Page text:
By Trina Haynes
Some kids pick up a bike at a young age and it’s instant kismet, and others… well… not so much.
My 11-year-old daughter has shown minimal interest in bicycles since her first introduction at age three. As soon as we sat her on her little plastic scoot-style bike, with joyous faces “she’s going to be a little ripper!”… Nope. Screaming and clamoring to get off this evil, vampiric contraption followed suit.
We tried just letting the toddler bike sit there and maybe she would become interested. Nope.
We tried “Look, Mommy and Daddy ride bikes. Wheeee!”. Nope.
This went on for years. She eventually gave into some enjoyment in her bike trailer. Then she graduated to a tag-along, but would never sit on her own training-wheeled bike. Finally, I think at age eight, she started to cruise around on a 10-inch with training wheels, but only in the house and of course it was way to small for her.
By age nine she loved going on rides, as long as it was she was attached to someone else, trail-a-bike style.
At that point we bought her a fancy new bike, which she picked out. She loved it and agreed to practice gliding on it. We dropped the seat, took the pedals off and she was off. Once she understood the concept of balance and gliding on a bike, with a few glide crashes under her belt, we made the decision that the pedals must go on regardless of her refusal.
If you’re a parent, you probably have a good idea of the repercussions. Boycott the bike! Sigh… Eventually (talking at least a month or two) she gave in to just gliding with the pedals on. Her little brother, gliding around, happy as can be, definitely helped.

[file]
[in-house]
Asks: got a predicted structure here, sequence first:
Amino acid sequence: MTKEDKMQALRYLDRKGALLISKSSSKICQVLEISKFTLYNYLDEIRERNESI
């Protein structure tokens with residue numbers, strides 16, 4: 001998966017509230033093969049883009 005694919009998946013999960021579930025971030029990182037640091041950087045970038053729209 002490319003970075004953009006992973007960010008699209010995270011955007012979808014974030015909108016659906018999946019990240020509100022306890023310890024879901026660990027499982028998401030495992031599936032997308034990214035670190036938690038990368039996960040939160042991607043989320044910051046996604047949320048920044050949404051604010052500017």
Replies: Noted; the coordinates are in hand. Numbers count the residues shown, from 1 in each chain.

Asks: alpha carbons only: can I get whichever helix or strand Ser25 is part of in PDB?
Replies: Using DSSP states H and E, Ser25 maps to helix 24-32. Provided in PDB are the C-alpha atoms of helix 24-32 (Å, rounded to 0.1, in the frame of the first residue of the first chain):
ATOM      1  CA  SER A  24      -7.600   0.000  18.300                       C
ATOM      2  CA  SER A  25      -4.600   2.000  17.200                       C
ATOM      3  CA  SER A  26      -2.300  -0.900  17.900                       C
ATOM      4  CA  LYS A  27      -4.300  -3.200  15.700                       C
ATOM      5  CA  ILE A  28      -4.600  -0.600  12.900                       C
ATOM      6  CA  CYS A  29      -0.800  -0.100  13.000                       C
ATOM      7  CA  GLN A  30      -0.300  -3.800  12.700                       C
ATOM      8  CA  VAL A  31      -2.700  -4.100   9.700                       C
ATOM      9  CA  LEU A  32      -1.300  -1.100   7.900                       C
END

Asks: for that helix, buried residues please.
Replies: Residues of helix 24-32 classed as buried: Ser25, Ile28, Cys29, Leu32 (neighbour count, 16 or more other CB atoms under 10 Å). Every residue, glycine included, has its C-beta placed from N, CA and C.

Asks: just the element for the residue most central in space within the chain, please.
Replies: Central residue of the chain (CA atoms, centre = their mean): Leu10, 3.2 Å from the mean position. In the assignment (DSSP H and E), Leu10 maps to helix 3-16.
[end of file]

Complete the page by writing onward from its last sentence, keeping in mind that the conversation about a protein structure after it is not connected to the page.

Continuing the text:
This went on for months, refusing to touch or put her feet on or near the pedals while gliding. I take full blame for the stubborn gene she has. Then, last weekend, the hubby and I couldn’t take it anymore. The parental foot went down! “We are going to learn to pedal today! And it’s going to be amazing! (Dammit!)”
A few hours of crying, attitude and excuses occured…. Then, tears running down her cheeks and puffy-eyed, she got on her bike.
First we practiced getting the feet up on the pedals while gliding, not even pedaling just sitting them there. Then brakes and feet down, means you stop. Continuing to remind her, “you control the bike, it’s not going to do a back-flip on you, or bust out some kung-fu action to knock you off.” That little step was mastered quickly. Phew, step 1 done!
Then, running along side her, encouraging her to do a pedal stroke. This took hours, one pedal stroke (yeah!), then three (heck yeah!). We continued with this for two days, a good majority of the day, taking breaks, drinking, eating, and trying again and again. Until this…
Of course, I was wiping away motherly proud tears and doing the happy dance in my head. My point is every kid will enjoy riding a bike, no matter how intimidated and afraid they might be and sometimes it is good to let kids take riding a bike at their own pace. And sometimes they need a big push.
It makes me very sad to see reports that children riding bikes in the United States is dropping substantially every year. School districts are not allowing kids to ride bikes to and from school anymore. It infuriates me that adults who as children rode and played in the streets now yell at kids from cars for doing it. Why?!
People tell me, “Times have changed, Trina.” Yes, we changed the times. Let’s change them back! I want my kids to be able to ride up and down the sidewalk and not be panicked about the cars doing 40mph in a 25mph zone, or be able to send them to an empty parking lot and not be worried a car is going to come flying through there to take a shortcut. It wouldn’t just be terrible if we all slowed down, just a little, would it?
Get out there and get your son or daughter, niece or nephew, a grandchild, your godchild or some young human being, and get them to ride at least twice a week. This is your mission for a better bike tomorrow.